I agree that Brexit and change in government needs to be explored as to how it affects HYP (in fact all forms of shares,IT's, ETFs etc). Could these be better discussed on Macro & Global Topics, or even HYP Strategies if along the lines of how it affects HYP overall as a strategy. Your help and understanding is appreciated.
Raptor.

77ss
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Re: Centrica and SSE

#86230

Postby 77ss » October 6th, 2017, 9:45 am

Arborbridge wrote: I can't help wondering if you are a little too sensitive.



Quite possibly, Arb. Its a question of cumulative impact.

Your post was far from the worst on the HYP board - it was just the final straw for me.

Arborbridge
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Re: Centrica and SSE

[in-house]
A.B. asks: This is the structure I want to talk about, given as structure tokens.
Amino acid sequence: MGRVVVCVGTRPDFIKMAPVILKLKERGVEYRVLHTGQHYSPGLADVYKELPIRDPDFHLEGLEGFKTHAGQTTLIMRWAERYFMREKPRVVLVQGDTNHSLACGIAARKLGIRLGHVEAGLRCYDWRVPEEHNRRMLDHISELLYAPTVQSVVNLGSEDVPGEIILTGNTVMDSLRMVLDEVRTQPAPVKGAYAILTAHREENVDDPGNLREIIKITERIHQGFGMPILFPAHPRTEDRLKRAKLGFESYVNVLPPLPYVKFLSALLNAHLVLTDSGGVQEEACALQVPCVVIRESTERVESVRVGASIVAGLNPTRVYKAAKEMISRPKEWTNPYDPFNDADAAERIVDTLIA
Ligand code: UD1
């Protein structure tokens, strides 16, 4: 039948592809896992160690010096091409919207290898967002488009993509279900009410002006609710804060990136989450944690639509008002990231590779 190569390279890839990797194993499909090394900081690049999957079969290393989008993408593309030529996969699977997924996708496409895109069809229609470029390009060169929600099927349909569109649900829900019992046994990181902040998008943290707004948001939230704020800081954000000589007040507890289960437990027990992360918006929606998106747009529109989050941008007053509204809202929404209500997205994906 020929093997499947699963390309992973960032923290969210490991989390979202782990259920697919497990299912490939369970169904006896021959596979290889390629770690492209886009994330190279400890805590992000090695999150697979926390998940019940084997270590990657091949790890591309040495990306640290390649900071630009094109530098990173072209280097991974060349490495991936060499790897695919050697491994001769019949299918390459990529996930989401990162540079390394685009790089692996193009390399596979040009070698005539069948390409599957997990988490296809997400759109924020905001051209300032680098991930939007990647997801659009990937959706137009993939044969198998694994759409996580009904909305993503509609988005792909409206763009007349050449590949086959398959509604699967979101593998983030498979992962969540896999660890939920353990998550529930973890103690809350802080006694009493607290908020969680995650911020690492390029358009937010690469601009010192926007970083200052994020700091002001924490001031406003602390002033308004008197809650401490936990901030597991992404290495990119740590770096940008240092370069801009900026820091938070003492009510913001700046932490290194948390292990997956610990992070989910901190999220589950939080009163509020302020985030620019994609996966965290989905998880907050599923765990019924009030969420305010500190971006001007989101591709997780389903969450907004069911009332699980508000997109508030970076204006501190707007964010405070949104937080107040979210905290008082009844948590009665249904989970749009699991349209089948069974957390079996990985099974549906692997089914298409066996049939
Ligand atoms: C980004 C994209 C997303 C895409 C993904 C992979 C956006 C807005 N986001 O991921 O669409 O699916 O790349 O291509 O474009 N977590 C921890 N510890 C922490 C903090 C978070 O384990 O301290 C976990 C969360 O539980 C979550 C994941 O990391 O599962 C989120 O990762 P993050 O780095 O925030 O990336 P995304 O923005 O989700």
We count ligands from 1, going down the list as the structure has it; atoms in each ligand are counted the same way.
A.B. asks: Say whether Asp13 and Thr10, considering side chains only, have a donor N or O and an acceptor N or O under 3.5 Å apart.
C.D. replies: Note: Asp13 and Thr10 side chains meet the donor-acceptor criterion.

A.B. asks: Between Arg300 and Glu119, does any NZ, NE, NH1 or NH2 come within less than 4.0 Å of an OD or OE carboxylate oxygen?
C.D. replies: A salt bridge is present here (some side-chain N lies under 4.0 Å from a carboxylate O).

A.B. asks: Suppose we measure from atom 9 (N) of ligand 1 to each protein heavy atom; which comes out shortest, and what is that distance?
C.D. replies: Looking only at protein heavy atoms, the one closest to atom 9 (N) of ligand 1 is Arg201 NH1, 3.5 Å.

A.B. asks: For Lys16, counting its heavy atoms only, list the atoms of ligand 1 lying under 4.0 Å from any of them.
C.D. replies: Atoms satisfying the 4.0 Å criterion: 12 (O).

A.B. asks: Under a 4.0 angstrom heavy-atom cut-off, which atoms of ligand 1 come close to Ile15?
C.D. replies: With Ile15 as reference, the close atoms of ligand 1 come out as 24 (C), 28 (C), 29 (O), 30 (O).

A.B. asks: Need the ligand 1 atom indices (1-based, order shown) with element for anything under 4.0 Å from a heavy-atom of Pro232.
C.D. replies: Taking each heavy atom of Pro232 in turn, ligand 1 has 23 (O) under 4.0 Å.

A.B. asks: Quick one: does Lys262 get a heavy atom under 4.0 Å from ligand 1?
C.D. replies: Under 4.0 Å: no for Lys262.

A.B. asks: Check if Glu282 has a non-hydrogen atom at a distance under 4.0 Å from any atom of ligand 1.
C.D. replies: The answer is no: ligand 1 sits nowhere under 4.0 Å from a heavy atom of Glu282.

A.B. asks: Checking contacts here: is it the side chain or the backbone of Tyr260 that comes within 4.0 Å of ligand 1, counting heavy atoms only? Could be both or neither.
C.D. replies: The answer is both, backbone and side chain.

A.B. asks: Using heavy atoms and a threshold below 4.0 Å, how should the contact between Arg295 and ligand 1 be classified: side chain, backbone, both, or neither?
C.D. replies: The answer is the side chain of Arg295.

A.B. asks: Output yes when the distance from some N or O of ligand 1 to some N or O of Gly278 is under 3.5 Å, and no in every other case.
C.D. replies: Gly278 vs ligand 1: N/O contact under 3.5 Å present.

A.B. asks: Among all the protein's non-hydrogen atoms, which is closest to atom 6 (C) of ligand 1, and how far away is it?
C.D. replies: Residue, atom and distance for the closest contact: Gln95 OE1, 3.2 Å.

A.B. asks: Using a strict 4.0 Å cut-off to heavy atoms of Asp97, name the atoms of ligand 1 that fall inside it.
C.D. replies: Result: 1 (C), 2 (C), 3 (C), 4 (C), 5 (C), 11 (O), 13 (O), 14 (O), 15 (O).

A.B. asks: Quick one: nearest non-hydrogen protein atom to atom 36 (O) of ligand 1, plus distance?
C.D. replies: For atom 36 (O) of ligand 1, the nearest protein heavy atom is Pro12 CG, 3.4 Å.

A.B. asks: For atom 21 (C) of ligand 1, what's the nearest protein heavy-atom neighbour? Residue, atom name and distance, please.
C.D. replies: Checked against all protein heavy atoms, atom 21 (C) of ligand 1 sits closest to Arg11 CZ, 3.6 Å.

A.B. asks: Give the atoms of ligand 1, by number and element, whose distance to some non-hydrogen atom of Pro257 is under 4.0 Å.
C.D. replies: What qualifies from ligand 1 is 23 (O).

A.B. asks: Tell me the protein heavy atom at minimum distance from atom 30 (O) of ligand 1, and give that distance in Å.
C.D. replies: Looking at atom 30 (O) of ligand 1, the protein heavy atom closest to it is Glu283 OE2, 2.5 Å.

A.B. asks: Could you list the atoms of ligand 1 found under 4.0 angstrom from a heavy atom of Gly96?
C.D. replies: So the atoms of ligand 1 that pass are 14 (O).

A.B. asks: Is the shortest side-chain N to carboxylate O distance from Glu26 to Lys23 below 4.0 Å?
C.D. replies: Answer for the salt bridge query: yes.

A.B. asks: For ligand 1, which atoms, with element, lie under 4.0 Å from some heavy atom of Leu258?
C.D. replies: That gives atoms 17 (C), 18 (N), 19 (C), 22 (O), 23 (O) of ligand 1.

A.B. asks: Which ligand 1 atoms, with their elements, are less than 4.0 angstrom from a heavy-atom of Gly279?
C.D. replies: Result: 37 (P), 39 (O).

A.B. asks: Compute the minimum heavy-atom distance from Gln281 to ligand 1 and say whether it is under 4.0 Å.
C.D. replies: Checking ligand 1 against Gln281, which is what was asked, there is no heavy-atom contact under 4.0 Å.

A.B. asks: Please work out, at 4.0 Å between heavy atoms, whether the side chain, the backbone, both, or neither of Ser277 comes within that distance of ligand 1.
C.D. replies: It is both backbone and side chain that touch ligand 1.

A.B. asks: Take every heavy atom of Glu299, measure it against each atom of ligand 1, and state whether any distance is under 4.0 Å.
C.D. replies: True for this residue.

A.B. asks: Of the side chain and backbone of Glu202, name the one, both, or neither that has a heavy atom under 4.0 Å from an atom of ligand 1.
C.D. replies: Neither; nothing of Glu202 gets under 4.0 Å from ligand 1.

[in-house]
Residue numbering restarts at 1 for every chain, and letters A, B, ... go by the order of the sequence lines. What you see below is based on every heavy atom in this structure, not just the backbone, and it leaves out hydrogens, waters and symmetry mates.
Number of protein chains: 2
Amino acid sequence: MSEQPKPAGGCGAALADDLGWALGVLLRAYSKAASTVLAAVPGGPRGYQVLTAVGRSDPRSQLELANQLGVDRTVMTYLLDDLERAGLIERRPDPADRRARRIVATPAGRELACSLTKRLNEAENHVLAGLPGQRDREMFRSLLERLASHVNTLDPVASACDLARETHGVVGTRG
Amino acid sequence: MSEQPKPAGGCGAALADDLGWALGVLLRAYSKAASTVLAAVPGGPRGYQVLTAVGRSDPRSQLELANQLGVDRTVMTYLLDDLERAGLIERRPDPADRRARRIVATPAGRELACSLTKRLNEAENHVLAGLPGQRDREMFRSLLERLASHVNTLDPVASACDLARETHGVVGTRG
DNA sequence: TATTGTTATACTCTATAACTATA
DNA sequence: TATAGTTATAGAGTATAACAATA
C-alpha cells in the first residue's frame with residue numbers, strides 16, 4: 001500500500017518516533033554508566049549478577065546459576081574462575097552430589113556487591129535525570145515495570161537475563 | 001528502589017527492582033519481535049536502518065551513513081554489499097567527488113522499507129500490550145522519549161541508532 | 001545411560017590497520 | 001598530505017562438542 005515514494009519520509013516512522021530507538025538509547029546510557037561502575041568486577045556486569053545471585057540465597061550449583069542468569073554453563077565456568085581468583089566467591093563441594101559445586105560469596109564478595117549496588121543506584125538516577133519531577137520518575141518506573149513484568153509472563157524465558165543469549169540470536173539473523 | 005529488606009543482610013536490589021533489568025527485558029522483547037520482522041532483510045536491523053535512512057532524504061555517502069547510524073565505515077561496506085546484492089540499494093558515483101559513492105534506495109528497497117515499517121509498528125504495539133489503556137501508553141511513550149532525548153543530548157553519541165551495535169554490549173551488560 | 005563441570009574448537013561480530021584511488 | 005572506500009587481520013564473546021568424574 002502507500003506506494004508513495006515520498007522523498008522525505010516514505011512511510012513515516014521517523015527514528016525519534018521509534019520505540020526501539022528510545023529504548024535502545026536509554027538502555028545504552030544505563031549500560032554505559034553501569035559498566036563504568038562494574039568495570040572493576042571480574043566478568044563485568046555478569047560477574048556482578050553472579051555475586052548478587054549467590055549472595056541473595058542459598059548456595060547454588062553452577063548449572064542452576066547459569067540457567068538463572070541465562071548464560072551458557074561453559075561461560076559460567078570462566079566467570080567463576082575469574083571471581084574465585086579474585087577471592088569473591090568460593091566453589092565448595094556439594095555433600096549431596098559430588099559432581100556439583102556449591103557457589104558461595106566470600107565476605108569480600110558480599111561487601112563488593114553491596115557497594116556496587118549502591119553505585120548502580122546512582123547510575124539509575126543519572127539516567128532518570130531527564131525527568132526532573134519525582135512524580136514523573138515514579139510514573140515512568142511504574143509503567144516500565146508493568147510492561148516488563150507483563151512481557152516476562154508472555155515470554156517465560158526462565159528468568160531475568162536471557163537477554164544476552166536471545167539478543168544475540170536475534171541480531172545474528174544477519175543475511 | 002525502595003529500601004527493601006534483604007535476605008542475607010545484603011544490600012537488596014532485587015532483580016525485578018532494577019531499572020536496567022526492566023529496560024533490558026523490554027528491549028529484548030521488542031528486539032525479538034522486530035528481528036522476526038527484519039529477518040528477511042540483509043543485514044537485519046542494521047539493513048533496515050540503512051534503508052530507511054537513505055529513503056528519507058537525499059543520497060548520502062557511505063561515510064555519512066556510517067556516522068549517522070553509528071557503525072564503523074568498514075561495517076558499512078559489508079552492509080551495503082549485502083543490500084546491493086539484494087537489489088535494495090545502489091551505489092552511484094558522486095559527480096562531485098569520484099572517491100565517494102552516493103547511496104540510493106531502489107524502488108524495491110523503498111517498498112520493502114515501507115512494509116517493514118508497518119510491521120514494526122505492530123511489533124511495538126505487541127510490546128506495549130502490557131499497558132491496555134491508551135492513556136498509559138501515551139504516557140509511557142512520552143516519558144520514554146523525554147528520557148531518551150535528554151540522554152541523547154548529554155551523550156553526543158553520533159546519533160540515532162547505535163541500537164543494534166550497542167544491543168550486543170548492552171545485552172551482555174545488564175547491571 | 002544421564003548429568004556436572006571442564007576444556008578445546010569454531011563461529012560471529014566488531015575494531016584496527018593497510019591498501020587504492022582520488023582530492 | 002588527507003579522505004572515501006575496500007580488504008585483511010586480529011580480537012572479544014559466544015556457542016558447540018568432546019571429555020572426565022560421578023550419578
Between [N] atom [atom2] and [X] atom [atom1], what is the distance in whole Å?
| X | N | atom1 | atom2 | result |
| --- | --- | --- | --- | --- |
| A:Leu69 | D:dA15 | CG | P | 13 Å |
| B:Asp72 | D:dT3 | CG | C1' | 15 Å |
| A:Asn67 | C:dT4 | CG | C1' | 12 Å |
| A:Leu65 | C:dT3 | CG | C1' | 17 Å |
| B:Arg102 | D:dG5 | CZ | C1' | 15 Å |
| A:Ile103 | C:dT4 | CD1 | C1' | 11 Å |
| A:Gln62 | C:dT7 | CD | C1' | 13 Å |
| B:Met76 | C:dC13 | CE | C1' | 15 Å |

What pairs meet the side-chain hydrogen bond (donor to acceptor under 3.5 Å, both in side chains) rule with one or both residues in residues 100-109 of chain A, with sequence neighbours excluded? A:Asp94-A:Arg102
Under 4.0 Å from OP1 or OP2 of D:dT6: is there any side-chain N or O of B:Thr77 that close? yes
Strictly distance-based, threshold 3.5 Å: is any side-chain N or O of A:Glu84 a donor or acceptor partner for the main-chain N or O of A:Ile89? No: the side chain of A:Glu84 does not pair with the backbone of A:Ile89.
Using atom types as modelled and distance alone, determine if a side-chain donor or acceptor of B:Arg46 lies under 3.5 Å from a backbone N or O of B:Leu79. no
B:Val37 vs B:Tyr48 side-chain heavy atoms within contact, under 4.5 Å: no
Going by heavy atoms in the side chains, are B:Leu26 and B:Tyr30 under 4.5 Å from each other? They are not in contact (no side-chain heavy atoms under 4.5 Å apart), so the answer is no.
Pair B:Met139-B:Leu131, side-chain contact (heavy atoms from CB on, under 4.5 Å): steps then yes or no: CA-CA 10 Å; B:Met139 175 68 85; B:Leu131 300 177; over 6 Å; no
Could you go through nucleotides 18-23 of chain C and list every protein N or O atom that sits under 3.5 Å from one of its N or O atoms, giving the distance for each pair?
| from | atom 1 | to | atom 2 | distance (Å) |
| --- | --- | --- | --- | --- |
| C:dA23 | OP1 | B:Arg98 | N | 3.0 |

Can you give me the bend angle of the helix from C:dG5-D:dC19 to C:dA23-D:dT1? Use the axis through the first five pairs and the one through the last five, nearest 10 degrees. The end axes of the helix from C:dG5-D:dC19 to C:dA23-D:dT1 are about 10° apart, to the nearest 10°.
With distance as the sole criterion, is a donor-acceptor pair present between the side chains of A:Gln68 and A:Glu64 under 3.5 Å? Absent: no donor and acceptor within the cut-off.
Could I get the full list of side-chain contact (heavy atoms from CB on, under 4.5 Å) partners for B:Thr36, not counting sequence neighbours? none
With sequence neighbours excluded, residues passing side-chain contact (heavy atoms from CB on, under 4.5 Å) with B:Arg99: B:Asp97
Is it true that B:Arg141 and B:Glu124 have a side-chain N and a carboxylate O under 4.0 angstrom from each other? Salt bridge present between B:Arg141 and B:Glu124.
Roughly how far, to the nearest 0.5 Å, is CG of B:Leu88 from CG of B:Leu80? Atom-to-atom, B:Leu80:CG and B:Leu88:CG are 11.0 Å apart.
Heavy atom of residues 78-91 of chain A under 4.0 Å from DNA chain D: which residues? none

#86233

Postby Arborbridge » October 6th, 2017, 9:51 am

77ss,

Understood. I'll abide by the Pax Raptorius :)

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Re: Centrica and SSE

#86239

Postby TahiPanasDua » October 6th, 2017, 10:01 am

"I am with Arb on this because I feel that political proposals/actions and their effect on shares/share prices are something any investor needs to be aware of and may or may not feel that some action is desirable. It is to my mind just as legitimate to discuss the effect of political actions here as to discuss the loss of sales say because of a discouragement of smoking. The trouble is that it then morphs into long political discussions about the rights and wrongs of the policy proposed (and lots of other irrelevant policies often enough) That I think is the bit that needs to be stamped on.

For instance the threat by Corbyn seems to me to perfectly real and therefore something that ought to be taken into account in future investment decisions and maybe even current ones. The pros and cons of what he is proposing should be verboten but given the feelings aroused that needs very careful moderating.